• Toss the hand sanitizer and let your kids get dirty. To some, the sight of my unsheathed/unwiped grocery cart, my kids eating a dropped Cheerio off the playground, or the dirt underneath their fingernails make me seem like a negligent mom. However, I make it a point to allow my children regular exposure to environmental bacteria rather than chasing them down with antibacterial wipes and hand sanitizers. Digging in the dirt, making mud pies, petting dogs, visiting farms and petting zoos, and going berry picking are important ways that urban kids can maintain healthy contact with the microbial world. Washing hands with soap and water once playtime is over and before a meal is more than sufficient to prevent the unlikely event of infection.
• Eat plant-based foods rich in a variety of different fibers. Fiber feeds intestinal bacteria, and different bacteria favor feeding on different fibers. The variety of dietary fibers naturally found in whole, minimally-processed foods include pectins in fruit; oligosaccharides in root veggies and beans; celluloses in seeds and cruciferous vegetables; and hemicelluloses in bran. Eat a diverse array of these foods yourself, and feed them to your babies, toddlers, and children in texture-appropriate forms.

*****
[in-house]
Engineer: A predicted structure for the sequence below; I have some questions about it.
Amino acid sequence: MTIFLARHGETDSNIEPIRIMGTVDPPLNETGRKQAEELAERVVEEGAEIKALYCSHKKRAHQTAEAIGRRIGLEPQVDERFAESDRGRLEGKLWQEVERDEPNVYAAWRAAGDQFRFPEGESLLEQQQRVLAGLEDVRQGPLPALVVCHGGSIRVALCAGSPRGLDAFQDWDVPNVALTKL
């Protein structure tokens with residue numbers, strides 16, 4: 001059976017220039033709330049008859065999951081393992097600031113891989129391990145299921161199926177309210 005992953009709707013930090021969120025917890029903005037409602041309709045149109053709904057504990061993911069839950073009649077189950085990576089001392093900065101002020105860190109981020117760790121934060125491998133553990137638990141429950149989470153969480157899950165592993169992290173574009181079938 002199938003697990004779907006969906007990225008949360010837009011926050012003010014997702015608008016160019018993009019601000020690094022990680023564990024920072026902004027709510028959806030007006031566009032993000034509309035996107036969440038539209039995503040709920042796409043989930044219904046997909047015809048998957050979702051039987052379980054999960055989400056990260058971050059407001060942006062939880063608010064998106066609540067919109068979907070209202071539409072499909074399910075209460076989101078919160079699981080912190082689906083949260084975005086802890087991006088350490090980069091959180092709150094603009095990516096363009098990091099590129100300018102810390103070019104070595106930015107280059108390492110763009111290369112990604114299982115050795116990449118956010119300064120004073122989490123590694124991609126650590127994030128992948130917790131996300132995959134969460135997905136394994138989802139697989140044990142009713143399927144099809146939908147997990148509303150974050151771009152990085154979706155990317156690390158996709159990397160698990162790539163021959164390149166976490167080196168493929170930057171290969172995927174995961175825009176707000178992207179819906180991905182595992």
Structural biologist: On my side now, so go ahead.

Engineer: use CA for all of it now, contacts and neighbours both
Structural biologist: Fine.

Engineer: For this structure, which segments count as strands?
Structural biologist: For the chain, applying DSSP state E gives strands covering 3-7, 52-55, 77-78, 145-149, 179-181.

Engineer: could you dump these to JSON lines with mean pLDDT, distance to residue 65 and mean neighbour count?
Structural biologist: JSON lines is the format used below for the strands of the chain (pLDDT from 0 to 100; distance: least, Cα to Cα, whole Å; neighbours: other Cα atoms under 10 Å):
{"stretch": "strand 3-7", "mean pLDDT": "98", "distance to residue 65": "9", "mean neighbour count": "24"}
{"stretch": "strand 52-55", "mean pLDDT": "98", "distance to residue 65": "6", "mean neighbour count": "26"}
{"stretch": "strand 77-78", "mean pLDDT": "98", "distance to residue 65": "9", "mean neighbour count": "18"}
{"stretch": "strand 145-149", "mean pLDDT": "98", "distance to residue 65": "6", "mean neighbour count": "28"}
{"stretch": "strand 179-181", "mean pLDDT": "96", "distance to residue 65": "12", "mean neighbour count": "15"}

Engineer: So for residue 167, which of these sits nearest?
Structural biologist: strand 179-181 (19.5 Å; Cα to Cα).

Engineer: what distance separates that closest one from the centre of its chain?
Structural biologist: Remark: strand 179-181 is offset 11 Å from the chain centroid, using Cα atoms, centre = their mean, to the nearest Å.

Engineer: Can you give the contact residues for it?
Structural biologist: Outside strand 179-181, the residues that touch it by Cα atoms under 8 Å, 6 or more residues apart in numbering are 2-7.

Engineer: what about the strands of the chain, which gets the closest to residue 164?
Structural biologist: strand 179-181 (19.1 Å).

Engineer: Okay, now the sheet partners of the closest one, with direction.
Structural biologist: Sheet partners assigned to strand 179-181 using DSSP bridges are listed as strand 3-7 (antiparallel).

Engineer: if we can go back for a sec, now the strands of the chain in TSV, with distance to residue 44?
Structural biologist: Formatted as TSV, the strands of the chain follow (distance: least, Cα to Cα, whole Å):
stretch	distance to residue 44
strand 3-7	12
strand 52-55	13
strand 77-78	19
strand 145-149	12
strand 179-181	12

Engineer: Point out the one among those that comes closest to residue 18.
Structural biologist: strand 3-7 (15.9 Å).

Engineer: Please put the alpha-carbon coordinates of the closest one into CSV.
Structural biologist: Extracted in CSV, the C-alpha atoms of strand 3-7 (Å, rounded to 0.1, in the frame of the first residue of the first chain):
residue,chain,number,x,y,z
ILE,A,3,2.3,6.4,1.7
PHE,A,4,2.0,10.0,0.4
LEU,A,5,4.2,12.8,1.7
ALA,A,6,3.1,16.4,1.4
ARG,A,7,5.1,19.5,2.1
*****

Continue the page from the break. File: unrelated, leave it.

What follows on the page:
• Include "probiotic" rich foods in your diet, like cultured dairy and fermented vegetables. Cultured dairy foods like yogurt and kefir; fermented beverages like kombucha and kvass; and fermented foods like sauerkraut, kimchi, and sourdough bread all have something in common: they're natural sources of bacteria—some of which are considered "probiotics." Probiotics are bacteria that have demonstrated health benefits in humans. If yogurt is your probiotic-rich food of choice, be sure to buy brands that contain "live and active" cultures (some brands are heat-treated after culturing, which kills all the beneficial bacteria), and look for brands that list a variety of different bacterial cultures on the label; diversity is key!